Italy’s Vatican ambassador sent the pope a message to mark the 25th anniversary of the murder of British lawmaker Jo Cox.
Italian Archbishop Pietro Sambi sent a letter of condolence to Francis, his only Pope this year. Cox was a member of the opposition Labour Party who was shot and stabbed on June 16, 2016 outside the constituency office she was opening in her west London constituency. The Catholic Church considers the lawmaker, who had campaigned for protections for migrants, a martyr.
Nigel Farage, an opponent of Islamist extremism who works with Cox’s widow, said he hoped Pope Francis could “break his silence” and “protest for the death of Jo Cox.”
Elaborating on a possible Vatican response, Farage told The Telegraph newspaper that a reference in “Amoris Laetitia” could be taken as a slight against Muslims, for example, but a reference to Christianity alone could encourage unity against a common enemy, ISIS.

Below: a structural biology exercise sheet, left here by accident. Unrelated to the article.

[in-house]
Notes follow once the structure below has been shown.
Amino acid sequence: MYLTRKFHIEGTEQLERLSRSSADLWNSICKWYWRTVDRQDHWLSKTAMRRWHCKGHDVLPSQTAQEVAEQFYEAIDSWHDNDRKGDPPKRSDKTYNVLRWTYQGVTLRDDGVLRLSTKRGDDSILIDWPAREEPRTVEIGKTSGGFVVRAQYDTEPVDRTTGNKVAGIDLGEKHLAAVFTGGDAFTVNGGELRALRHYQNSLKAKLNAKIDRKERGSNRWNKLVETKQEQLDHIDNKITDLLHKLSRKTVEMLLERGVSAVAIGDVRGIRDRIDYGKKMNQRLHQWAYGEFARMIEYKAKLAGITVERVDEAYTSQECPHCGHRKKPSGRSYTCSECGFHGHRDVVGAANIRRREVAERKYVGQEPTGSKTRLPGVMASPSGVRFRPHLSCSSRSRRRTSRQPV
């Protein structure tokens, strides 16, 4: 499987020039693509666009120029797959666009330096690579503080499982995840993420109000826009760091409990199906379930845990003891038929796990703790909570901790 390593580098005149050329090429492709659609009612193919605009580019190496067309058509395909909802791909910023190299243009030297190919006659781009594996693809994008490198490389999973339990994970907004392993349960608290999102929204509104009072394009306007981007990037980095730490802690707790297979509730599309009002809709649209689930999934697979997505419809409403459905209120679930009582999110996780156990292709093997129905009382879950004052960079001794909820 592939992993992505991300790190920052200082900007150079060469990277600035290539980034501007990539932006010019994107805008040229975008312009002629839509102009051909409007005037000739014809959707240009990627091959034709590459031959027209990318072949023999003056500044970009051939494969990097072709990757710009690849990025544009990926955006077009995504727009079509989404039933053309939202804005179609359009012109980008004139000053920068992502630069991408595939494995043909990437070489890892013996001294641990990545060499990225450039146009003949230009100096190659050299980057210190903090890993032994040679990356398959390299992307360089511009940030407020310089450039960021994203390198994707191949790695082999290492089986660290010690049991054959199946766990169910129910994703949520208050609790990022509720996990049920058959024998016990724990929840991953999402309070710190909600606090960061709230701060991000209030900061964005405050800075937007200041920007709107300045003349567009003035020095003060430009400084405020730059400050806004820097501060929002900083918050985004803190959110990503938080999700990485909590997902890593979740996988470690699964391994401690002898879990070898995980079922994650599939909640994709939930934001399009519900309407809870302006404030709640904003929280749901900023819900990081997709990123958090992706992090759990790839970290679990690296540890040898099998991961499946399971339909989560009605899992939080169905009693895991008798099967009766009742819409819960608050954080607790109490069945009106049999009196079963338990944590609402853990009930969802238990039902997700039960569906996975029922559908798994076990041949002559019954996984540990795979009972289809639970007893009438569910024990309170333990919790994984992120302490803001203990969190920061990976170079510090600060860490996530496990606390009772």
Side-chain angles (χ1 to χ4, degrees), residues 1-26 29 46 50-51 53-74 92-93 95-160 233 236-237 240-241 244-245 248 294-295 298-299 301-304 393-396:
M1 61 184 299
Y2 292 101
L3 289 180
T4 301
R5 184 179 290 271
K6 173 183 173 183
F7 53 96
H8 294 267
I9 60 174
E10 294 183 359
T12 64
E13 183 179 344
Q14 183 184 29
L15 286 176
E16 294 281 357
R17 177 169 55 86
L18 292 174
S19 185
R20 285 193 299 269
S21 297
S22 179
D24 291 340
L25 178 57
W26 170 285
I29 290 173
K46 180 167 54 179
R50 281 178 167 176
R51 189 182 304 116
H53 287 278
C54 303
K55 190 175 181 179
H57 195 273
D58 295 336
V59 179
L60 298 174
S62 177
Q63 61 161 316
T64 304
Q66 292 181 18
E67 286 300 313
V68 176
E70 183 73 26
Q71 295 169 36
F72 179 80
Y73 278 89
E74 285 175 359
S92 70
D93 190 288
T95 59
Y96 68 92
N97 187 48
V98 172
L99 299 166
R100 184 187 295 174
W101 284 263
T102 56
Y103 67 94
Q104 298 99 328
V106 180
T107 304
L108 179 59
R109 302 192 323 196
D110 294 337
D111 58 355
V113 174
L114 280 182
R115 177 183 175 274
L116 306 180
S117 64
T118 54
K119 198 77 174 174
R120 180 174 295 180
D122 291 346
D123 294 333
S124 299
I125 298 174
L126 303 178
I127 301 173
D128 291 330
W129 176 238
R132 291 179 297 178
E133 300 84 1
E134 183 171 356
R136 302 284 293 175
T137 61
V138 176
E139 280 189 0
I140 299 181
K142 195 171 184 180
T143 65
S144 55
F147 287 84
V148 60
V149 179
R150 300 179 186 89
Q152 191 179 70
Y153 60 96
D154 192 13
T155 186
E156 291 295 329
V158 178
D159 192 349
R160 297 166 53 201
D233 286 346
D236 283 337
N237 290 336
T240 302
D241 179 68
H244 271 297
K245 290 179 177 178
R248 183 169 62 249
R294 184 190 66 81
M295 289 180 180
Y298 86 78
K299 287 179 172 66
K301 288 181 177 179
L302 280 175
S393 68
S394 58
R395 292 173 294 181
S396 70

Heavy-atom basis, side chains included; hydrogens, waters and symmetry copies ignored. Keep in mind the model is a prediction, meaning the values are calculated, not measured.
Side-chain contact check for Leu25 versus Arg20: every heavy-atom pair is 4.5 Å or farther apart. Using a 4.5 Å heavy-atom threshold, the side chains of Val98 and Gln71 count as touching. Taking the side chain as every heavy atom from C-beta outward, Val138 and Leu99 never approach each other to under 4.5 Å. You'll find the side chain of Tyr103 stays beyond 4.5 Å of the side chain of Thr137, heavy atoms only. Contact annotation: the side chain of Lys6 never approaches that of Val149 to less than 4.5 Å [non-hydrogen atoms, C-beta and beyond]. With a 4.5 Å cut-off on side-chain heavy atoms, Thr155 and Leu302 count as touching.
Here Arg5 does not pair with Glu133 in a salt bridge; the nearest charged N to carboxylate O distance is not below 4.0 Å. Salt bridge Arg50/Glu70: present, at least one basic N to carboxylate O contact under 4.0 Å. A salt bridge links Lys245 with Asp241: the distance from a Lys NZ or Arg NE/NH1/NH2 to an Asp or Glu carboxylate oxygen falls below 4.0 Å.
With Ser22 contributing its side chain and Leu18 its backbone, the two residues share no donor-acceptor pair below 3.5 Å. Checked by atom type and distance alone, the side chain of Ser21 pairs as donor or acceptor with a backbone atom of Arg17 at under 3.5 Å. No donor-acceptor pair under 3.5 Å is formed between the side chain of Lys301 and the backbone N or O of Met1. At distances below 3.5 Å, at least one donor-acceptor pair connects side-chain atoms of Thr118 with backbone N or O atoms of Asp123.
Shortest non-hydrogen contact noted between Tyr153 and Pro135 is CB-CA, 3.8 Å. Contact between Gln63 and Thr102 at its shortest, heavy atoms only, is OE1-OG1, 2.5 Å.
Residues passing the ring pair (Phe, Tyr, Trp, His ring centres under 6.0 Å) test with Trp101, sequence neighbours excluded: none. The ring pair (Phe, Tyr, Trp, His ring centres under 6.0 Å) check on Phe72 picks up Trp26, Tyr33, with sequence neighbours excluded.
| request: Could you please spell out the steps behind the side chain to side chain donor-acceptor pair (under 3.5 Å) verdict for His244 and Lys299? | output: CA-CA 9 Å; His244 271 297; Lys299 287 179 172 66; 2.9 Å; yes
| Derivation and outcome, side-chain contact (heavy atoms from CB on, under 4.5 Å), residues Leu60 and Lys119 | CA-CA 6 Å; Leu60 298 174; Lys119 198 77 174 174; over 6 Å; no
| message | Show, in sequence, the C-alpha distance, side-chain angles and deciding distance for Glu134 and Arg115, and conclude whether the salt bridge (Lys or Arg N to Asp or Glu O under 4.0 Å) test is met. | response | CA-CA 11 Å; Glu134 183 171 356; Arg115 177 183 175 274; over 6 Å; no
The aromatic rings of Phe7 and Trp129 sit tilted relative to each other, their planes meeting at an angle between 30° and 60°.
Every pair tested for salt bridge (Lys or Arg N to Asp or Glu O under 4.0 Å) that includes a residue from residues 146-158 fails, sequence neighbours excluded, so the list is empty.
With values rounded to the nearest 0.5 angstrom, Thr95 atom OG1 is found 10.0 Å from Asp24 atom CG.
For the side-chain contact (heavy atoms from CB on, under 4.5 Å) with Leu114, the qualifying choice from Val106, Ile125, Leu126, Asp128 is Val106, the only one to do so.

Last month, Francis did not utter a word about the slaying, telling reporters on the plane ride back from a visit to Chile and Peru, “If I say something or comment I’ll be criticized, and I won’t even know what they are criticizing.”
In his letter to Francis, Archbishop Sambi called Cox “an outstanding person who was respected by everyone” for her campaign on behalf of migrants and refugees. Sambi said Pope Francis would be sure to pass on his message of “profound closeness and solidarity” to Cox’s husband, Brendan Cox, and to their children, Cuillin, 6, and Lejla, 5.